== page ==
AdSense vs AdWords & The PPC

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We often find that people are confused about the difference between Google’s two powerful ad engines – AdSense and AdWords. And part of this confusion comes from a lack of understanding
their pay-per-click (PPC) foundation, so we looked to one of our favorite referral sources (Gossamar’s “Glossary of Marketing Automation Terms“) for the breakdown.

AdSense is an advertising program from Google. It displays ads on pages for which the ad’s Keywords match the keywords on the page. The program is aimed at website owners who wish to generate income from the site and who are paid by Google for each time the ad is clicked (or, in some cases, for each impression). The ads may consist of words, images, or video streams, or any combination of both.

AdWords is Google’s program for PPC advertising. The two programs intersect when Google provides a PPC Ad to a 3rd party site and pays it a fee.

Pay-per-click Advertising is a subset of SEM and revolves around paying for ads to run on websites. In many ways, PPC is the new form of paid-for commercials which supplement (or replace depending on your company and industry) the more traditional forms of advertising in print, on the radio or TV.

The costs for running any specific ad are calculated by the site on which it’s going to run (Google, Yahoo!, etc), the specific keyword or search query targeted by the ad, the desired location on the page, and the contract length.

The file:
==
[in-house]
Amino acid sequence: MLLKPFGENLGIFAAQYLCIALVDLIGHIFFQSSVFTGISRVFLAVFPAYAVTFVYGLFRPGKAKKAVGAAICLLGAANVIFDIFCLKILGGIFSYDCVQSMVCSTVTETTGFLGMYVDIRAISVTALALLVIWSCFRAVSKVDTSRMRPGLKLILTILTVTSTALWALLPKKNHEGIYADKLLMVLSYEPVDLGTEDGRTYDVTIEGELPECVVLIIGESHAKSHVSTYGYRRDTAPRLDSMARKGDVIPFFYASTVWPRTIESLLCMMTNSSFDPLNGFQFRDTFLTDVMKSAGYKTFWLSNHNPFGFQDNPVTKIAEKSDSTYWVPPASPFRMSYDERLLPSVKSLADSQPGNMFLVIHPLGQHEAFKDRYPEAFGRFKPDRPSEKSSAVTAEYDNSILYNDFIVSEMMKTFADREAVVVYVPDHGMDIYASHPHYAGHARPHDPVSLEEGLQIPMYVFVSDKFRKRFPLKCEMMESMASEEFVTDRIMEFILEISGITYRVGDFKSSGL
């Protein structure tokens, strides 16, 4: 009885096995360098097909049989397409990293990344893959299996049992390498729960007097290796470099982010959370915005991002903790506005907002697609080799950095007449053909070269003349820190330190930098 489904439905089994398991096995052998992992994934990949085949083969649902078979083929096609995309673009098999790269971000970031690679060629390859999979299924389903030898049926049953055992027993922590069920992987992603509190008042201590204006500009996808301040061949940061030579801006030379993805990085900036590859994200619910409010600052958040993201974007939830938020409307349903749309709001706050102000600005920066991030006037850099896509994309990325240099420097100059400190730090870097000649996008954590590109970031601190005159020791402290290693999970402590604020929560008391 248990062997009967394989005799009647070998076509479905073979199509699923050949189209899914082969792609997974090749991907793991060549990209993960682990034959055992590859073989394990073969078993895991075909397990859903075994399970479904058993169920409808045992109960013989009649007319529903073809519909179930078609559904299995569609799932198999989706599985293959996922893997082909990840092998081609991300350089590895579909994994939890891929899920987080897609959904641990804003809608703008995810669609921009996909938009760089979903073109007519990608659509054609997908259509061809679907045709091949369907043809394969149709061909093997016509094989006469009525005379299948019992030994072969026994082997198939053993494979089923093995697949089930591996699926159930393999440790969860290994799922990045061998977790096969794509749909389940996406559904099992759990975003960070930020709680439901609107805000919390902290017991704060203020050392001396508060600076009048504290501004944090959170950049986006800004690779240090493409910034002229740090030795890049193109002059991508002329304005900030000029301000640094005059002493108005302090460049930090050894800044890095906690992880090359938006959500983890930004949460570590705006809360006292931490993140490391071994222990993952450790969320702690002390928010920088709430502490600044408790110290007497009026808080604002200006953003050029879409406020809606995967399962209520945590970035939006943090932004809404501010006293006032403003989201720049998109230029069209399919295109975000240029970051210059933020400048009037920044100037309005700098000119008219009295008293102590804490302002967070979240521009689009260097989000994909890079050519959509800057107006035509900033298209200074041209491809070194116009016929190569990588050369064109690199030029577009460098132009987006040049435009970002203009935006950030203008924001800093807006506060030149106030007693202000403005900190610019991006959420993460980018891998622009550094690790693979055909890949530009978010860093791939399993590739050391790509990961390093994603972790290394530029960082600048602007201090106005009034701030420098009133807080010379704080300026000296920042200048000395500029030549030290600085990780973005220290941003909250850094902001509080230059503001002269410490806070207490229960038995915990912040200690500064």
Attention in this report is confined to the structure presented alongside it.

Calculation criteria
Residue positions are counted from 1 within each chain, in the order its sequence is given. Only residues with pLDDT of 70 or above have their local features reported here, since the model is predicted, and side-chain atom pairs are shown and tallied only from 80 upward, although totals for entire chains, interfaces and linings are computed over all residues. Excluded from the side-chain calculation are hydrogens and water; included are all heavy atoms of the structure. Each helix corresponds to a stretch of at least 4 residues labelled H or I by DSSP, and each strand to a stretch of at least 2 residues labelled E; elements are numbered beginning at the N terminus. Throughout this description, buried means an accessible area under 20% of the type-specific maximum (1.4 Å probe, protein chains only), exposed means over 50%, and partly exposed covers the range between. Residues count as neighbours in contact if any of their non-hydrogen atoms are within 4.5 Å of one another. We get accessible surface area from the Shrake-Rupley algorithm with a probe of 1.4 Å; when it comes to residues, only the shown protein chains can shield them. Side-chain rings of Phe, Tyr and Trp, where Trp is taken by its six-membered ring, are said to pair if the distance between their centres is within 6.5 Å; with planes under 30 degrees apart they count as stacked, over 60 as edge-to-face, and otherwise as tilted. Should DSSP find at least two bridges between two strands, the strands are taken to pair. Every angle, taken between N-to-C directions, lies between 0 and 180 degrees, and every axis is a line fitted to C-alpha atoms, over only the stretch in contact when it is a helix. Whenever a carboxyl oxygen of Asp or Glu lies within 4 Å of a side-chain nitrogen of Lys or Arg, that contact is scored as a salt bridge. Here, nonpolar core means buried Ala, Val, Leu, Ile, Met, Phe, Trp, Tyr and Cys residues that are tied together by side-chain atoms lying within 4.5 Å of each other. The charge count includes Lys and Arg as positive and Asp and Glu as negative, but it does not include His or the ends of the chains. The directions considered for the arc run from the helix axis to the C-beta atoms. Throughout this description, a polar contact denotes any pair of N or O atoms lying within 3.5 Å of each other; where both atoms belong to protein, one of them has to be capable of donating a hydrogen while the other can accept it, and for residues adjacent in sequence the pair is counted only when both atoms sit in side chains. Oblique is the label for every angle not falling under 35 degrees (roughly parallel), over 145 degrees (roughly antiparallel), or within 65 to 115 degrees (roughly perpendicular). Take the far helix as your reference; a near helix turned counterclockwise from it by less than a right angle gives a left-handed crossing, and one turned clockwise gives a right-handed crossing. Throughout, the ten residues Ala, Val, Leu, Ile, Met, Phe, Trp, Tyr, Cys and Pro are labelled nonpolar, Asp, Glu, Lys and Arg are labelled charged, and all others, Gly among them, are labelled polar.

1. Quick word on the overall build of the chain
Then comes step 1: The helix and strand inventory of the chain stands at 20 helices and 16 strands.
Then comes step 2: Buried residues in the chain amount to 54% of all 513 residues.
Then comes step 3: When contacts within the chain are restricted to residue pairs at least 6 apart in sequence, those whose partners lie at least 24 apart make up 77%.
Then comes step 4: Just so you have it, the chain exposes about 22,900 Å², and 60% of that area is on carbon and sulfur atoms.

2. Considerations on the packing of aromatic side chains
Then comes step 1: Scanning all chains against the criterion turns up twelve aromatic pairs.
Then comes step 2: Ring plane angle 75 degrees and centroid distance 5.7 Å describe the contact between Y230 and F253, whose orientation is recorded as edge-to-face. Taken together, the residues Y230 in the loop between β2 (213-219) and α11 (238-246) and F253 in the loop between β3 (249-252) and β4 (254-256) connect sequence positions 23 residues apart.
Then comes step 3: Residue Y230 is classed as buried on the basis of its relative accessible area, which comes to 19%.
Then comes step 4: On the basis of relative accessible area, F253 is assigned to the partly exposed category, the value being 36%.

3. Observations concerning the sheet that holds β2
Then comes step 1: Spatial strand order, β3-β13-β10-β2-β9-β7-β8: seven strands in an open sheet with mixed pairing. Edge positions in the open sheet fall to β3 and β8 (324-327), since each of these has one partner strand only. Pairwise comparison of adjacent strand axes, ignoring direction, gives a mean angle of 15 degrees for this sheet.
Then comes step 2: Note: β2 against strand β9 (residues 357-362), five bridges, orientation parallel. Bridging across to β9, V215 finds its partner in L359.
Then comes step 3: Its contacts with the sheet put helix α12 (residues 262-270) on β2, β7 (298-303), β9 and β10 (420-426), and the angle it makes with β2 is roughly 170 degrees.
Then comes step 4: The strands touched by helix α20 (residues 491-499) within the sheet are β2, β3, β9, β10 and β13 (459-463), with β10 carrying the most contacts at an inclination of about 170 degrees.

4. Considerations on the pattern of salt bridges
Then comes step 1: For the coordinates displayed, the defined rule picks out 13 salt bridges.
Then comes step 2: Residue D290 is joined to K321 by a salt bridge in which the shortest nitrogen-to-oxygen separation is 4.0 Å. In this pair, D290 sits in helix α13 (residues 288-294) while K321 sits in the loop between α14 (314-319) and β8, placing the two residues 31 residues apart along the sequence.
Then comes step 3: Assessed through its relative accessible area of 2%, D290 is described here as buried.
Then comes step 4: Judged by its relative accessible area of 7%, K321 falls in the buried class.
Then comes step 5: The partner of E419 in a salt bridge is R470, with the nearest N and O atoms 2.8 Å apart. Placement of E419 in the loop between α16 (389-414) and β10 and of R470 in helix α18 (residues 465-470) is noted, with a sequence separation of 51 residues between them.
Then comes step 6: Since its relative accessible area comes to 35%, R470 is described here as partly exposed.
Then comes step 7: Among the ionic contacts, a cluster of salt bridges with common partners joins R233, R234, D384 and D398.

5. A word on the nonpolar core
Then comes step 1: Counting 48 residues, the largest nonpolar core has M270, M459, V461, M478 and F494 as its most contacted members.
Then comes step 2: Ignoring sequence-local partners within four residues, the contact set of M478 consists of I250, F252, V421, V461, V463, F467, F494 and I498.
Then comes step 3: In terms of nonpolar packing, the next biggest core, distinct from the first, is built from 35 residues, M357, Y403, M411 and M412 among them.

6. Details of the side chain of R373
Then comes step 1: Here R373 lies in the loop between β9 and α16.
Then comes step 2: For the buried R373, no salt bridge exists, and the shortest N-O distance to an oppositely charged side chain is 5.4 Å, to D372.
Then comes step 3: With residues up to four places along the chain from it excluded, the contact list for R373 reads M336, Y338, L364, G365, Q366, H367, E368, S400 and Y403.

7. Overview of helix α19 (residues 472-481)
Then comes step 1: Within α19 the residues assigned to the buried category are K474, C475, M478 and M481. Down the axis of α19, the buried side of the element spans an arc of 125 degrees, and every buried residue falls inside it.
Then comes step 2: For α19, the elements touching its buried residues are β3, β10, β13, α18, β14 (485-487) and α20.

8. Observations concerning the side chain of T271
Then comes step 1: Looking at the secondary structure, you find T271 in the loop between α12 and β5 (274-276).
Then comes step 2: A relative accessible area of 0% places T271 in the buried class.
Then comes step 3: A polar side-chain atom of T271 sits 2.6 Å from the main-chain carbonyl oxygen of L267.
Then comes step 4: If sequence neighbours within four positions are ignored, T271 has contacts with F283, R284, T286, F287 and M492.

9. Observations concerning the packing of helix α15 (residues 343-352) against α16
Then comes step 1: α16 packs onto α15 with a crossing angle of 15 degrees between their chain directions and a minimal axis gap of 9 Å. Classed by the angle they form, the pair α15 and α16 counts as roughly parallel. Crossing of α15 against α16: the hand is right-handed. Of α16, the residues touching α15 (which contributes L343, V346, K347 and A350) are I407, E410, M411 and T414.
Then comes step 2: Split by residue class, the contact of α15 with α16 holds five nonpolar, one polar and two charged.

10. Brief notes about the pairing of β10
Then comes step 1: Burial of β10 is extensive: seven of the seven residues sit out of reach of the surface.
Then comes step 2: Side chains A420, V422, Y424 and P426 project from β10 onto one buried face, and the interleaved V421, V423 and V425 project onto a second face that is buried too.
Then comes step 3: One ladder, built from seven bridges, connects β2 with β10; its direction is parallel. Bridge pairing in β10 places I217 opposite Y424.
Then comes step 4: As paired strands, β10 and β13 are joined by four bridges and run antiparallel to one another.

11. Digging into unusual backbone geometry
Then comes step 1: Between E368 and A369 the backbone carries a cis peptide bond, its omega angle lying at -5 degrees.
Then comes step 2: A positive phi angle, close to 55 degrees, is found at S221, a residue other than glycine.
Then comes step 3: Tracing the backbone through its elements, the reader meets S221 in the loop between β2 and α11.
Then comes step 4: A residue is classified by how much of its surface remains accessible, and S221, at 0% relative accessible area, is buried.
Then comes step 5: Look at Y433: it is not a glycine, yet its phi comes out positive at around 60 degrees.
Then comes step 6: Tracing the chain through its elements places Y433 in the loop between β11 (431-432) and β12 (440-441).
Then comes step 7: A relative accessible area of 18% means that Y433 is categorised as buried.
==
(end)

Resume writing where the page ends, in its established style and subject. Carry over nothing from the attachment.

For example, an ad which uses a very popular keyword or keyword phrase will cost more than ads using less popular keywords. Google’s program, AdWords, sets the cost of an ad via an auction to arrive at the Cost-Per-Click, or CPC. The highest bidder wins the “pole position” or to the most desirable location on the page: the top of Google’s search results, for example, or the top of the RHS sidebar of PPC ads on the same page. Obviously, longer term commitments to run an ad are often rewarded with lower costs per click.

The ads are displayed when a visitor’s search query matches the ad’s keywords and there is still some budget available to pay for a potential click. In essence, the display of the ad is free, and advertisers pay only for each click on the ad. Google has recently introduced a more sophisticated form of Adsense ads in which advertisers pay only for a specific Conversion Goal.